Who Would Want to Study America?

By Paulina Schlosser, student of American Studies at the Johannes Gutenberg-University of Mainz and former intern of the Atlantic Academy

Not too long ago, I was asked by an American what I was studying. When I told him that my major was in American Studies, he started laughing. “No offense,” he wheezed, “but who would wanna study America?”

This was not the first time I had received a reaction like that. I distinctly remember another situation last summer; my friends and I were hanging out at a Kerwe festival – a tradition that especially those who share the pleasure of having grown up in Rhineland-Palatinate are fond of – and I was talking to a German guy my age. Judging by his breath, he’d certainly had more than one beer when he asked me about my studies. His reaction to me majoring in American Studies was one of the ones that stuck with me most. Without getting into too much detail – Americans, in that guy’s admittedly limited understanding, were obese and not particularly smart. (I had to stop one of my friends from getting in a physical fight with him over that, but that’s a story for another day.)

Other people’s reactions to my field of study, though they often left me disappointed, never quite threw me off. I guess, first and foremost, that is because I just love what I do too much, but besides that, I also knew that these people were simply wrong.

Lady Gaga and Languages

My personal motivation for pursuing a degree in American Studies was mainly my love for English, if not to say my fascination with all languages. Though I did not grow up bilingually, I’ve always been surrounded with several languages from a very young age due to my family’s diverse cultural background and history. To me, being able to build a home inside a language that is not my own is one of the most thrilling feelings there is.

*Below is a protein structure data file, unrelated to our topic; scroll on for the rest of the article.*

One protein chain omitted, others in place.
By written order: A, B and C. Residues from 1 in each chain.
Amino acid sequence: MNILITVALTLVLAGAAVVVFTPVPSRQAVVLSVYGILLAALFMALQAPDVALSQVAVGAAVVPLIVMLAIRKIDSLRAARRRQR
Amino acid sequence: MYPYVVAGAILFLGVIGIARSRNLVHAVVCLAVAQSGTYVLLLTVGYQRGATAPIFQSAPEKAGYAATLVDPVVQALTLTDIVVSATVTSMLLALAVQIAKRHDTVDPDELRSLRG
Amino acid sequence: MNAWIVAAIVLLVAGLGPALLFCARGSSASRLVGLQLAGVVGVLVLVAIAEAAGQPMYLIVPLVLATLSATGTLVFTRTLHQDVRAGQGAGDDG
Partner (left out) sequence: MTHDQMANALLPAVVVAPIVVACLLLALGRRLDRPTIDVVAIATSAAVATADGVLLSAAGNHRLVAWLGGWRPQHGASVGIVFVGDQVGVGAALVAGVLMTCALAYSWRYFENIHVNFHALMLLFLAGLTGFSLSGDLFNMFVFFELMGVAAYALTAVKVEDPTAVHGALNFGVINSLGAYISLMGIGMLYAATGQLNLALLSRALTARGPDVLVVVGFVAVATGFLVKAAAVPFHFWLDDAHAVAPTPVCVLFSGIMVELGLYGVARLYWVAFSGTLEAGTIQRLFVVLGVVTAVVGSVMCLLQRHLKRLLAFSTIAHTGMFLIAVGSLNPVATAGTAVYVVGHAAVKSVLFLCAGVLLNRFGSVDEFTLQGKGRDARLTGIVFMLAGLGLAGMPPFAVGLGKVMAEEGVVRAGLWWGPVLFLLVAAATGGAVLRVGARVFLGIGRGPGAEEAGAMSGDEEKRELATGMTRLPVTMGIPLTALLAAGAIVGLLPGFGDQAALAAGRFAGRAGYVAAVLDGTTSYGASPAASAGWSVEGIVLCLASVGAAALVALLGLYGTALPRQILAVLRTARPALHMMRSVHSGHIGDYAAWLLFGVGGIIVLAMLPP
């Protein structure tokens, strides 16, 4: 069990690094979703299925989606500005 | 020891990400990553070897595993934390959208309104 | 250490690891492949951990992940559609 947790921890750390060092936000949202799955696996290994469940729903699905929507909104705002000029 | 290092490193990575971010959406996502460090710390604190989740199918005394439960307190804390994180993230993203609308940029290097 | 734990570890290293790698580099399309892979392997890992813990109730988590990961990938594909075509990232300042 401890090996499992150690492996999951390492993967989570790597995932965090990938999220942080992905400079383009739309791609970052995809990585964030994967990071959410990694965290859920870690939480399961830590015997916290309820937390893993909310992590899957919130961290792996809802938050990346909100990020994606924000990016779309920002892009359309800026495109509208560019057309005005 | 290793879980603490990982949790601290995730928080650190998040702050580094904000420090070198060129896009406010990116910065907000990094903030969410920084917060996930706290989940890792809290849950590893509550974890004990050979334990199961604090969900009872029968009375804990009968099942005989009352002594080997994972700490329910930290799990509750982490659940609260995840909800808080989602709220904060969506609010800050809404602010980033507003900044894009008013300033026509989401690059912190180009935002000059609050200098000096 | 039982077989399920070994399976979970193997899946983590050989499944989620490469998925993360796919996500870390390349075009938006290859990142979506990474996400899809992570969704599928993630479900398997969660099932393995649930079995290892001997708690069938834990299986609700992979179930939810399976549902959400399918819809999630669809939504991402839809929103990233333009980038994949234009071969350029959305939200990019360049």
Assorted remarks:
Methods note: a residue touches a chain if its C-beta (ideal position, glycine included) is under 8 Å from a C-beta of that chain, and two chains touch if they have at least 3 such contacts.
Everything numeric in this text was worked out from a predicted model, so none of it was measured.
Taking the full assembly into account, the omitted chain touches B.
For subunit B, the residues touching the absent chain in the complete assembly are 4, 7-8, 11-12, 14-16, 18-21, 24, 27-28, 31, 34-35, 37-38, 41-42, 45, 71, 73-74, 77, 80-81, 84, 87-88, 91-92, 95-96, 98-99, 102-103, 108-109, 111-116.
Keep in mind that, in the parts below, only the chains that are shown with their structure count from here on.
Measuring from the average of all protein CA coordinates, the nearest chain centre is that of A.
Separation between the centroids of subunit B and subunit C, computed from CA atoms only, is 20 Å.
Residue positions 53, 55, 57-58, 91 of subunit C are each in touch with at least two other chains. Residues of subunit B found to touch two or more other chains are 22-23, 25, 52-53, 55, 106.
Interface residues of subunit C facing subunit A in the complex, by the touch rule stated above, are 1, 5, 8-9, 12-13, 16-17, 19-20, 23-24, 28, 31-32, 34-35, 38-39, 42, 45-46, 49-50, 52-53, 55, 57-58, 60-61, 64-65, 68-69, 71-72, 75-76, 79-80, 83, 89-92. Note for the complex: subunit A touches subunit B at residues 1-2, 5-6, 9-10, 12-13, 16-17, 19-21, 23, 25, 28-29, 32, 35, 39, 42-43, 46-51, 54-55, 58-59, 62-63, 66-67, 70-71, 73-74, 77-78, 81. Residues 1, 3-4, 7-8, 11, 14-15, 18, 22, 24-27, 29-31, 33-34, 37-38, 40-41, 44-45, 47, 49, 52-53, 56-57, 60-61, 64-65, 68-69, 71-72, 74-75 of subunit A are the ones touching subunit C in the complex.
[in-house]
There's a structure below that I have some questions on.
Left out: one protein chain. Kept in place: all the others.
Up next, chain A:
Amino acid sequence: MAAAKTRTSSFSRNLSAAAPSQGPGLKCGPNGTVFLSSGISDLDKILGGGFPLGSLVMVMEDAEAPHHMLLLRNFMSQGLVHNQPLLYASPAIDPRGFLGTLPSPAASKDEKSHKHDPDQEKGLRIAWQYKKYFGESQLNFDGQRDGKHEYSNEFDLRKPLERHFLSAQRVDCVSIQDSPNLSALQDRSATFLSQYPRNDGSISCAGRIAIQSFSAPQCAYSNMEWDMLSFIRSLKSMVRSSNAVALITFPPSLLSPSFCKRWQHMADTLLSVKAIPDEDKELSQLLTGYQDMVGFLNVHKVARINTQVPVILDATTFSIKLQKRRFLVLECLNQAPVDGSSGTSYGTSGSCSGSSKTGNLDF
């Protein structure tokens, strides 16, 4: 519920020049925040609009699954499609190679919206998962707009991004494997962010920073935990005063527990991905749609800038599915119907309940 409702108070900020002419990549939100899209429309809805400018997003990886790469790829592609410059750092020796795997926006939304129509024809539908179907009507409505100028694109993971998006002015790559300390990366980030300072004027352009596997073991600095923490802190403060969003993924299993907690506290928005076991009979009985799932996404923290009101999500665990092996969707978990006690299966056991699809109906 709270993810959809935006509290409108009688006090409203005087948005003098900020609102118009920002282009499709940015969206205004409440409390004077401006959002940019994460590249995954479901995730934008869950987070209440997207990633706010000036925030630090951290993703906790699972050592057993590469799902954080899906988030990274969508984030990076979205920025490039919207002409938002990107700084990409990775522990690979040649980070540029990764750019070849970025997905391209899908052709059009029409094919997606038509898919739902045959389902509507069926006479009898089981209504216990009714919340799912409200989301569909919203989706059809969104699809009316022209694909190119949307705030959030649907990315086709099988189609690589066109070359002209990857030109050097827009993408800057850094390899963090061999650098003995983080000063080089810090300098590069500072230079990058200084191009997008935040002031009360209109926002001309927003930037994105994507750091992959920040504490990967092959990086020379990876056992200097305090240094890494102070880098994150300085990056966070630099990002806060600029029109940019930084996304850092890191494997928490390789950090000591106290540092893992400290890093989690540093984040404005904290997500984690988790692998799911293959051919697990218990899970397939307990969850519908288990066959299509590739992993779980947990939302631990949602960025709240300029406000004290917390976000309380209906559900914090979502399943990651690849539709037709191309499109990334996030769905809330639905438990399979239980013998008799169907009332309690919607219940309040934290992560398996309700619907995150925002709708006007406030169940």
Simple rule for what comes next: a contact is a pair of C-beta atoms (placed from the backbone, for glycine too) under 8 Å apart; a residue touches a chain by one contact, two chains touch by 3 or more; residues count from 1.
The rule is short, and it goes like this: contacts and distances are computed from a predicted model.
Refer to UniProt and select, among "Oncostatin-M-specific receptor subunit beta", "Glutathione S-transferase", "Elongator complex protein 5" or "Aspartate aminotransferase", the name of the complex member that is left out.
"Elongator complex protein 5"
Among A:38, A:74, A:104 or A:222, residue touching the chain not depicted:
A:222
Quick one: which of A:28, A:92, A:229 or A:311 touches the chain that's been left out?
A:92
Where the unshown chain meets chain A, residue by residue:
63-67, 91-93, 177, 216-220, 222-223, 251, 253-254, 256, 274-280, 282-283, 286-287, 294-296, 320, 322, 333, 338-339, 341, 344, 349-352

I once stumbled across a clip on the internet in which the dazzling pop-star Lady Gaga was asked about her newly acquired role in the movie “House of Gucci,” and how she felt transitioning from singing into acting. Her response was, “The only reason I got into singing was so I could act.” This really resonated with me because, in a way, it had been the same for me: The main reason I entered and engaged with the field of American Studies was so I could speak, write, and read English, and have the language be around me at all times.

So the eagerness I have when it comes to languages was what drove me forward in the first place. Of course, at the time I enrolled in university, I knew that there was more to American Studies that I was interested in than just the language. But the mere fact that I, personally, am interested in a specific thing does not justify why that thing is important for society overall. So who would want to study America? And why?

A Crisis on Infinite Earths (and Americas)

The answer I found might seem obvious and also quite on the nose to people who have worked in the field of American Studies for a long time, but from my experience, there are still too many out there – both Germans and Americans – who do not understand this aspect. In her welcoming speech at an exhibition opening, Prof. Mita Banerjee, who I now have the honor of working for as a student assistant, once said: “What I love so much about American Studies as a discipline is that it focuses on us as humans.” That, to me, is absolutely essential, not only with regard to my field of study, but for everything in life. In many ways, I have experienced American Studies as a positive force; it’s a tool that helps illuminate history from a different angle, focusing on groups of people who have not been the focus of attention for the longest time because of others who assigned a certain meaning to them beyond their mere existence as humans. American Studies works towards removing those meanings and connotations and guides us back to perceiving people as what they are: humans. That is precisely what I think it should do and stand for.

Looking at the United States of America in its current state, one is tempted to look to the future with little hope. But the very knowledge that every person carries the potential to look past status and perceive others as what they are at their core – humans – is what gives me hope. That, to me, is the answer to the question of why anyone would want to study America. In its essence – at least in what I think its essence should be – American Studies gives us tools, ways and means that we can use to work towards a better future. And yes, like so many things, that process starts in the mind, but thoughts become words and words can become actions. With regard to the state that America and even the world as a whole is in, we need this insight more than ever.

Paulina Schlosser is a student at the University of Mainz and has interned with the Atlantic Academy Rheinland-Pfalz. This blogpost shares her personal opinion.